The world has changed almost beyond recognition in a very short space of time. Dropping off the kids, grabbing a coffee and going to work, things we’ve taken for granted for so long, are no longer as they once were. It’s more likely you’ll be making your own latte, conference calling work colleagues from your home office and if you do have children trying to keep them productively occupied, as you start to juggle the ‘new normal’. And whether you’re back to work now, or off on holiday, or enjoying a stay-cation, what is sure is that our routines are deeply different. Our ways of being together and interacting or just plain functioning have had to change and all that is certain is that uncertainty is continuously in the back ground.
Not only has Covid changed the world it has also changed each and every one of our brains. How they are wired, and how our neurons are connecting and firing, means that this global situation is literally changing the physical architecture of our minds…
The how and the why of it, is Neuroplasticity.
First used in 1948 by Polish neuroscientist, Jerzy Konorski, to describe changes seen in brain cells, neuroplasticity is the brains awe inspiring capacity to make new connections and rewire new neural pathways. And bear in mind, it’s the firing of our neurons that make us who we are, what we do and why we do it!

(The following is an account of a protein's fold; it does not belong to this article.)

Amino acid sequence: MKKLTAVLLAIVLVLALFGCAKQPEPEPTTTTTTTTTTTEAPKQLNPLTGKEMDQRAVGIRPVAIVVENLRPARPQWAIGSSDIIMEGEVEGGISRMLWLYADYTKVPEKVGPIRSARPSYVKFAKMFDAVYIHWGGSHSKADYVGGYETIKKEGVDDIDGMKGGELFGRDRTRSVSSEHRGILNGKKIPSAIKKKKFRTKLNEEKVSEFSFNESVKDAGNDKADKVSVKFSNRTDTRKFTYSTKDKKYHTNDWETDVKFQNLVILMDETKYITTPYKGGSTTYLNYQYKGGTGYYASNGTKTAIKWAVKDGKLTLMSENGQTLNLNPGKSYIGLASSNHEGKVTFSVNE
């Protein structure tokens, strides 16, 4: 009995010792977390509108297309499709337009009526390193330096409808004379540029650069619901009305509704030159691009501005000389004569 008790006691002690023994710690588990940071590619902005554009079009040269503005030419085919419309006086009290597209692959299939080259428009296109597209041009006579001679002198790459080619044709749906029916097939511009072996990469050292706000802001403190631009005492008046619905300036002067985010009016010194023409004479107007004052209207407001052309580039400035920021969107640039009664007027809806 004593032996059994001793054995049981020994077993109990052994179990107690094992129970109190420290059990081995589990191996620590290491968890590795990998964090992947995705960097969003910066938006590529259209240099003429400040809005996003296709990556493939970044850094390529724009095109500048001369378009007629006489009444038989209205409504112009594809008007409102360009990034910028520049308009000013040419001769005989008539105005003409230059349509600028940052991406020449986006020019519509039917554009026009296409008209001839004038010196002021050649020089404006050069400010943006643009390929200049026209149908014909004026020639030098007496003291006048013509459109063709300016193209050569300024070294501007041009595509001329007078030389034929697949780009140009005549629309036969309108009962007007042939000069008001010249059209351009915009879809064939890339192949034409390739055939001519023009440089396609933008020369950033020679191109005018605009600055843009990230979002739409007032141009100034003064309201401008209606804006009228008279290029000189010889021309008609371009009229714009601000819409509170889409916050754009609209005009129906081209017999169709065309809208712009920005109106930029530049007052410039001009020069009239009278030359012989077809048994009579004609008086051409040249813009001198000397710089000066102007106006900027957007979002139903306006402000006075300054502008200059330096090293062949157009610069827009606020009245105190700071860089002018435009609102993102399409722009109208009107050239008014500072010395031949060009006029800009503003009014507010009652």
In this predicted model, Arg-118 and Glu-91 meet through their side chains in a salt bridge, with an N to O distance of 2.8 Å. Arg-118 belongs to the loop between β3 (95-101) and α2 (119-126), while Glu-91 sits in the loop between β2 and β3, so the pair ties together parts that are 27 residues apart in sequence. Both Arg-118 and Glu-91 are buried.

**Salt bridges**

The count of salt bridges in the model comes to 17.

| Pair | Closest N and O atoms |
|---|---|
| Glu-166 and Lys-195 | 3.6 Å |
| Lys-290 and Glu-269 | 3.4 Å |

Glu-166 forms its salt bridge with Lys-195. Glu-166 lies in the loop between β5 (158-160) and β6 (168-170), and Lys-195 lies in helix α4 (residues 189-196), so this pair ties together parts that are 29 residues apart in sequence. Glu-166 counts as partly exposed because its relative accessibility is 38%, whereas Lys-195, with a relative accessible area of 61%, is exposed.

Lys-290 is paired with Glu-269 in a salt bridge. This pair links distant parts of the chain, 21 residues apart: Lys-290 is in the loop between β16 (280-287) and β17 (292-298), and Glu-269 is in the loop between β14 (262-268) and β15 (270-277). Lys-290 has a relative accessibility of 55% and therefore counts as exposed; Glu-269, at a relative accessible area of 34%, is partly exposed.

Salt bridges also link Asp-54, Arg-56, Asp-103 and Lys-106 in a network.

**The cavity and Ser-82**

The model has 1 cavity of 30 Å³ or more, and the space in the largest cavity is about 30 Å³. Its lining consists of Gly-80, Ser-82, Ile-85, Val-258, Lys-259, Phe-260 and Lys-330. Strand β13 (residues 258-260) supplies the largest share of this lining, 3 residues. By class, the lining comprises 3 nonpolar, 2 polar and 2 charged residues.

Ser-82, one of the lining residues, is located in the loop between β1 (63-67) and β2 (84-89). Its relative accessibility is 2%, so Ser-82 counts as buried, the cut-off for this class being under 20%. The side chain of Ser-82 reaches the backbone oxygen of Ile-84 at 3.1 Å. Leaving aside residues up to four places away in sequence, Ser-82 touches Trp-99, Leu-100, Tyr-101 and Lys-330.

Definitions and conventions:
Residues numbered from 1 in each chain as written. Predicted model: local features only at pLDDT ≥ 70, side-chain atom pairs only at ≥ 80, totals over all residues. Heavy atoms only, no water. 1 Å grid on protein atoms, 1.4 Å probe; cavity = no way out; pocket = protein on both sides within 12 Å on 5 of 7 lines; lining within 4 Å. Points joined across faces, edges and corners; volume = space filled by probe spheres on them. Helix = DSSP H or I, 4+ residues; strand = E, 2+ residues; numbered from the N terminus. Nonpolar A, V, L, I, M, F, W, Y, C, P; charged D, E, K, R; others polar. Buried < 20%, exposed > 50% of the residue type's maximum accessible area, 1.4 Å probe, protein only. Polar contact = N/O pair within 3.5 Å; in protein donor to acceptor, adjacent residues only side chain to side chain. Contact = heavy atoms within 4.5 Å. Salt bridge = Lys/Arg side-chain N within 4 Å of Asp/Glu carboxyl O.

This concept was and is revolutionary. Up until the early 20th century the prevalent scientific thinking was that once we reached adulthood our brain was fully developed. Not only that, there was the belief that as we got older and brain cells died away there would be an inevitable amount of brain deterioration in our old age. However, the work of Kornoski and other visionary scientists, coupled with the invention of the fMRI and continuous advances of all types of imaging technology, means that those beliefs have been turned on their head. Not only does the brain make new connections on a daily basis, we also know now that the brain generates new brain cells when needed. But that process of neurogenesis is for another blog.
Let’s get back to the wonders of Neuroplasticity.
Our brains adapt & adjust whenever we:
- Learn something new
- Go somewhere different
- Do something novel
-Think from a different perspective
feel unlike we ever have before
New synaptic connections are made, new neural pathways are created and we rewire more up to date frameworks and maps in our heads, constantly modifying our responses to our changing environment and social situations.
This organic capacity of our brain for mental adaptability and agility means we are best able to react appropriately to what is going on around us. It is what has kept us evolving and saved us from no amount of untold dangers. It is what has pushed the boundaries of our mental and physical world, taken us to the moon and means we have a computer, camera and postbox in our pocket. We will always adapt if it is within our power, brain power that is !